Successful defence of £1million misfeasance claim

30 June 2023

Suky Mann has recently secured a fantastic result for a director, effectively defending the insolvency claims brought against him by an administrator for misfeasance and breach of fiduciary duties.

Suky’s astute analysis of the alleged claims allowed her to dismantle the administrator’s evidence on an allegation-by-allegation basis and advance a compelling defence that ultimately caused the claim to fall away in its entirety. 


Our client had been a director of a successful and reputable company, with a desire to enjoy an early retirement, he sold his shares in the company to an unconnected third party. Approximately 12 months after our client’s resignation, the company’s finances nose-dived, and it subsequently entered into administration. 

The administrator issued a letter before action against our client alleging that the disposition of his shares and the funding arrangements for the purchase of his shares was a deliberate attempt to extract monies from the company in circumstances where the company was already insolvent. The administrator also claimed that there was never any prospect of the funding being repaid, and the incoming director’s intentions had not been interrogated properly by our client before agreeing to sell his shares in the company. As Suky demonstrated, that could not be further from the truth. 

The administrator’s criticism of our client’s exit strategy was pleaded as a breach of his fiduciary duties and misfeasance, with the claim value amounting to almost £1million representing the consideration our client had received from the share sale. 

Our approach

It became immediately apparent to Suky that the factual circumstances leading up to the sale were at complete odds with the narrative pursued by the administrator. Despite the extensive nature of the letter before action, the allegations could not be maintained.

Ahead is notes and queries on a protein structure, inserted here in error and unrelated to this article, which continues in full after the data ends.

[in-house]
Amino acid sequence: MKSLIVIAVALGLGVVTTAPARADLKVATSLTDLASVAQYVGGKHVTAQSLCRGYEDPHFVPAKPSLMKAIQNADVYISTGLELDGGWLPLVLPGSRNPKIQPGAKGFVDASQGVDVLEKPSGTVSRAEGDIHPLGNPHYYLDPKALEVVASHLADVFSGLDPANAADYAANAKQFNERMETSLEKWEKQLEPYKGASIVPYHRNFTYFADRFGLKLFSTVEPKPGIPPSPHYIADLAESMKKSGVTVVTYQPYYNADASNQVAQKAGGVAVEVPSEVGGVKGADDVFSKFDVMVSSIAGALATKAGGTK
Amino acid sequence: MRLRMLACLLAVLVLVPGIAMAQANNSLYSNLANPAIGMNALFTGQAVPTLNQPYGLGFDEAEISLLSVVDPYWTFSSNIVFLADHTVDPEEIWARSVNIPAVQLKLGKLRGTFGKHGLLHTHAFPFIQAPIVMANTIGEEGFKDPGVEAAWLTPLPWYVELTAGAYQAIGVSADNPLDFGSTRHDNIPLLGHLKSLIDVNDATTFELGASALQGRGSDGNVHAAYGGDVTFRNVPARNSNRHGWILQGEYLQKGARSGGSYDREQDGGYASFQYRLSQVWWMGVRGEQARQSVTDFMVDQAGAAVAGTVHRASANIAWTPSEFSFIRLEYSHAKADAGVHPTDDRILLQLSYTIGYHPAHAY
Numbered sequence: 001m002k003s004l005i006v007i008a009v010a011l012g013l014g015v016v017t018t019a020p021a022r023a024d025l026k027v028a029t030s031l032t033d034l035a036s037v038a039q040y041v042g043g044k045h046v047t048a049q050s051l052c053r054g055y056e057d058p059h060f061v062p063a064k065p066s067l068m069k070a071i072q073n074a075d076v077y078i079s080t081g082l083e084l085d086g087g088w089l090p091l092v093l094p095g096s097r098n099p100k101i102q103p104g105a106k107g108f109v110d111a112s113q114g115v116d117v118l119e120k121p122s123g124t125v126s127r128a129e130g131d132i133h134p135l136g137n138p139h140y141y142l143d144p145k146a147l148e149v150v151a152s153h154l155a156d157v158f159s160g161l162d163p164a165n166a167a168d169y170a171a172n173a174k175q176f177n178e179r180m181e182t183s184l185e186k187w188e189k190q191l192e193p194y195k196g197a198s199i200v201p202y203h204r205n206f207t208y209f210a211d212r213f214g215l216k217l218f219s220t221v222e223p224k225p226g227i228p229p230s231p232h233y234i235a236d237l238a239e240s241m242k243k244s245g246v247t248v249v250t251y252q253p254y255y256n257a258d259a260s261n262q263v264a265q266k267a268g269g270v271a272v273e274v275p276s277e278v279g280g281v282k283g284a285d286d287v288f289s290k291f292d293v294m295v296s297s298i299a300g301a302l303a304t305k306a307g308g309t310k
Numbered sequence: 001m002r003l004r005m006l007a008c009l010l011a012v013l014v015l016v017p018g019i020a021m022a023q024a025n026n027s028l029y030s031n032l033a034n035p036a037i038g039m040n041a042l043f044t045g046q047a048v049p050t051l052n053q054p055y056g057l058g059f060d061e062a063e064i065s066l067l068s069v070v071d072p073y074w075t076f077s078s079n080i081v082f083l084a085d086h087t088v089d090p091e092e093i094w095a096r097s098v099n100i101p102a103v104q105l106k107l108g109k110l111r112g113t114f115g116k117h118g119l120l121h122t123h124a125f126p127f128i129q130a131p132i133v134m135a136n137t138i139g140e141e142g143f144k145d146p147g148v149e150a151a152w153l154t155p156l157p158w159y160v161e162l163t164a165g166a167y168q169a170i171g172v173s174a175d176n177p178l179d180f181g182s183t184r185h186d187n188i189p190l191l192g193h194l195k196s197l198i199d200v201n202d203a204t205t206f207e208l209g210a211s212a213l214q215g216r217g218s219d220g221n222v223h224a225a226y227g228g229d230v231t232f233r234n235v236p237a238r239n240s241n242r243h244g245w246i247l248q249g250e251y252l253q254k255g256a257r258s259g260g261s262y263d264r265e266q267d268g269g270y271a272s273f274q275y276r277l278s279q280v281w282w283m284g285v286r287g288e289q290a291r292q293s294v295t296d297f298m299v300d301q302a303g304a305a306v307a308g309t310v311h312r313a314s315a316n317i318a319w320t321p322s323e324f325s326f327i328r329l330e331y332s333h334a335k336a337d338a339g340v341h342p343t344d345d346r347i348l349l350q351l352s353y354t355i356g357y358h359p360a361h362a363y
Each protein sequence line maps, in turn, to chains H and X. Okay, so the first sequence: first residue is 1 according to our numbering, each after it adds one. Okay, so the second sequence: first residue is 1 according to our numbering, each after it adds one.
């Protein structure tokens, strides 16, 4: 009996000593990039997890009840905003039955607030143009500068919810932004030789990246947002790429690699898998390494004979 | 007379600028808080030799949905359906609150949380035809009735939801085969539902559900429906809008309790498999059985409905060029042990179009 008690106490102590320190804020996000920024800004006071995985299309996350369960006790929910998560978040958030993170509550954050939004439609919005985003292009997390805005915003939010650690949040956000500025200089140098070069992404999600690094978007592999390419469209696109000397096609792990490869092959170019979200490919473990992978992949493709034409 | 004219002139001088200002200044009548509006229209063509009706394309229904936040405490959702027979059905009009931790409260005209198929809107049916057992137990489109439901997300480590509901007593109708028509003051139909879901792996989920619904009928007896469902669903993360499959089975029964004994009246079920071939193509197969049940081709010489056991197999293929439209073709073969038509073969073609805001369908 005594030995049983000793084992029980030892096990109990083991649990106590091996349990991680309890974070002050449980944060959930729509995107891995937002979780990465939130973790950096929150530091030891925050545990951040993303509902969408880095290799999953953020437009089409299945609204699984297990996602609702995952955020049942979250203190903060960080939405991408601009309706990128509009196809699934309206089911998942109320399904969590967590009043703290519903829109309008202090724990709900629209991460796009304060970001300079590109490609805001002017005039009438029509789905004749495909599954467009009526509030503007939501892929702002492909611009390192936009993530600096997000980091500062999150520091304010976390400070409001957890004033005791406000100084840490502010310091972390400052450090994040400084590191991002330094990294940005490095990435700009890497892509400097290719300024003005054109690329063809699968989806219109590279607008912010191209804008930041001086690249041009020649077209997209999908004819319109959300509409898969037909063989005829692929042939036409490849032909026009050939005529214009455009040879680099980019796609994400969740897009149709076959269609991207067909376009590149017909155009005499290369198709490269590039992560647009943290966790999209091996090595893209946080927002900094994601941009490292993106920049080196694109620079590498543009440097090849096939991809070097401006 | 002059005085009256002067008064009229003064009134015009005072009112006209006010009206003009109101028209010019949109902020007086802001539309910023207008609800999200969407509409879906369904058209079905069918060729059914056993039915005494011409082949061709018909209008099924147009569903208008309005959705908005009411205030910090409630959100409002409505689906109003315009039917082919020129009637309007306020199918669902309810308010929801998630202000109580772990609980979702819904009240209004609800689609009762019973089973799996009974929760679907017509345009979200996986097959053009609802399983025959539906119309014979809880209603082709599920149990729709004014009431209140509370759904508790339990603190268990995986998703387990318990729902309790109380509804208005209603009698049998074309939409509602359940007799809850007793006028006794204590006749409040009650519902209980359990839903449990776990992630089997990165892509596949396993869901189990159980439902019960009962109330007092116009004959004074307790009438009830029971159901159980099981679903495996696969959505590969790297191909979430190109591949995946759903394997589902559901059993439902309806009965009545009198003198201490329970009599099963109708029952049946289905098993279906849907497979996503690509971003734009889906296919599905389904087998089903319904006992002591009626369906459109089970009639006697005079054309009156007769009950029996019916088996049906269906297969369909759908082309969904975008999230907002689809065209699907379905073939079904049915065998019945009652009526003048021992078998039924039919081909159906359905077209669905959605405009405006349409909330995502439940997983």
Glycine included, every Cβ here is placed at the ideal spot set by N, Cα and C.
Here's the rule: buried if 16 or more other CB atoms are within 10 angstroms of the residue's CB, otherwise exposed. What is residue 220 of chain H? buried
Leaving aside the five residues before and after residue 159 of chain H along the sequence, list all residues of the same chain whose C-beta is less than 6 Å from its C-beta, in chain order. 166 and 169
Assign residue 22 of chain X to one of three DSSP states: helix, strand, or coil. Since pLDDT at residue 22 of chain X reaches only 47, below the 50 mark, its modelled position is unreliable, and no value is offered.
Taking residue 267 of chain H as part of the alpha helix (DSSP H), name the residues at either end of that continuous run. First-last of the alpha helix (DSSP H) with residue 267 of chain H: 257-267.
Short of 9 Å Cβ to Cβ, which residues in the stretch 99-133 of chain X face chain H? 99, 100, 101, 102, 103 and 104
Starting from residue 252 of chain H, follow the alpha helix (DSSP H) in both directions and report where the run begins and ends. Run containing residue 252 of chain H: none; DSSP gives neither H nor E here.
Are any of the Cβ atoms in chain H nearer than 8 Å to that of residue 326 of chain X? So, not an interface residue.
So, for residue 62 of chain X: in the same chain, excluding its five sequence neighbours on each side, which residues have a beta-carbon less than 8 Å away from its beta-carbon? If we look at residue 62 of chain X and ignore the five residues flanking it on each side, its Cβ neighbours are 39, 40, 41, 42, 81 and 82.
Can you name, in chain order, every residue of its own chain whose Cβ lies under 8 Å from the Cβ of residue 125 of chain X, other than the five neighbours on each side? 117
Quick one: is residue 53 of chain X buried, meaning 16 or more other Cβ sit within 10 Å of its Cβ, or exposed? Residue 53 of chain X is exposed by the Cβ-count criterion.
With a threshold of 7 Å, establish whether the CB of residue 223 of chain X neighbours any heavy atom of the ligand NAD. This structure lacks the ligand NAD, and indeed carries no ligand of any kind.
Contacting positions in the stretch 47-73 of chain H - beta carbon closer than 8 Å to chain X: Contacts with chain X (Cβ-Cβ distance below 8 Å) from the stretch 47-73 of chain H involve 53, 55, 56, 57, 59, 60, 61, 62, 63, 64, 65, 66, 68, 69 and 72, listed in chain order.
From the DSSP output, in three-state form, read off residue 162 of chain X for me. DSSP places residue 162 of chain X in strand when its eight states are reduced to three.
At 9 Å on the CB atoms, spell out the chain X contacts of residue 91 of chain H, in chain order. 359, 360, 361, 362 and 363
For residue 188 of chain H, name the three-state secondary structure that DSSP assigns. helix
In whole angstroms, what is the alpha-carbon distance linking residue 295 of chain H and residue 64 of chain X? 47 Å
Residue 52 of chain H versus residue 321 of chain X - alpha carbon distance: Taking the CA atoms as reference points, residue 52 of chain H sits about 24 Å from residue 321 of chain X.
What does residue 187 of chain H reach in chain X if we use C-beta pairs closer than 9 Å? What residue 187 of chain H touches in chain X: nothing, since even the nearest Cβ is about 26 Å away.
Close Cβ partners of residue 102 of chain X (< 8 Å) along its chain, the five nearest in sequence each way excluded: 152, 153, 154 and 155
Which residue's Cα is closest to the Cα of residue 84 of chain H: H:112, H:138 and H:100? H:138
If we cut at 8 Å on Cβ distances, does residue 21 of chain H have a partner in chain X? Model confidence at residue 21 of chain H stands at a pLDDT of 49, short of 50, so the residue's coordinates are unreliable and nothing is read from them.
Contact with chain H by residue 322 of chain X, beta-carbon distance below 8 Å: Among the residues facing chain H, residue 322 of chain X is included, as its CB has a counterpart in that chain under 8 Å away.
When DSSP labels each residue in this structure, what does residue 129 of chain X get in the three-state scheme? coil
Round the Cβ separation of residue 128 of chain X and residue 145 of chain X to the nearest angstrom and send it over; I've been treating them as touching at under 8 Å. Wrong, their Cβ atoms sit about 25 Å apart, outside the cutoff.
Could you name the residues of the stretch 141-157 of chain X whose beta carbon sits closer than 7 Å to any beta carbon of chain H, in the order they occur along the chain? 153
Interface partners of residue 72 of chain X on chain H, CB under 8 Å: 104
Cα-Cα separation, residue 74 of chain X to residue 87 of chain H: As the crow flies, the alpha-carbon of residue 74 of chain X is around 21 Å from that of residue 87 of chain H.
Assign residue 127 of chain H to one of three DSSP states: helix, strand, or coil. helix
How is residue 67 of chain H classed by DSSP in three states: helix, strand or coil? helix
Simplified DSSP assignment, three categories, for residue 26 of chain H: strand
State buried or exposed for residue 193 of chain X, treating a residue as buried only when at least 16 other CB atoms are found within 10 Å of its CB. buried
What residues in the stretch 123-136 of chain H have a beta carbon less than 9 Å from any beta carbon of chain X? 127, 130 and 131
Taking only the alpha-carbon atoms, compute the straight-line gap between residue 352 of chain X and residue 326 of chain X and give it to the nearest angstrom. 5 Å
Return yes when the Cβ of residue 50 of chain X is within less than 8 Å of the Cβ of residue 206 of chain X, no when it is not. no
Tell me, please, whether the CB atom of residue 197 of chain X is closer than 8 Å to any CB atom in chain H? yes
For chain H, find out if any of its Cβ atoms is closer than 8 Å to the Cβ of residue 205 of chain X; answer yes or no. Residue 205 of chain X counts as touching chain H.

Suky’s balanced and objective approach enabled her to gain a level of trust with the client quickly. This allowed her to prepare a detailed account of the facts and produce evidence substantiating our client’s defence. Suky was able to evidence that there had been no breach of duty. In fact, our client’s conduct had been exemplary. After receiving our client’s detailed defence to the claims, the administrator confirmed that the claims were being abandoned.  

Where the administrator sought to pursue our client for breach of his fiduciary duties, Suky was steadfast in rebutting the accusation and adopting a painstakingly forensic approach to undermine the claims with skill and expertise. 

Open quotation mark

“The knowledge and direction received from Suky has been second to none. In an extremely stressful period, a fantastic service was provided along with a positive end result. With no hesitation I would recommend this company.”

Our comment

It was unfortunate that the director had to fend off such enormous and potentially devastating claims due to the conduct and poor management practice of the incoming purchaser. However, this only exemplifies the importance of obtaining expert advice as soon as such claims arise.

This case serves as an important reminder to directors facing insolvency officeholder claims that while those claims may appear viable on paper, it is paramount to demonstrate the purpose and intention of any challenging transactions. 

It also demonstrates the importance of having the right people in your corner, even when the situation looks desperate. In our experience, seeking legal advice and achieving the best possible outcome is never too late.

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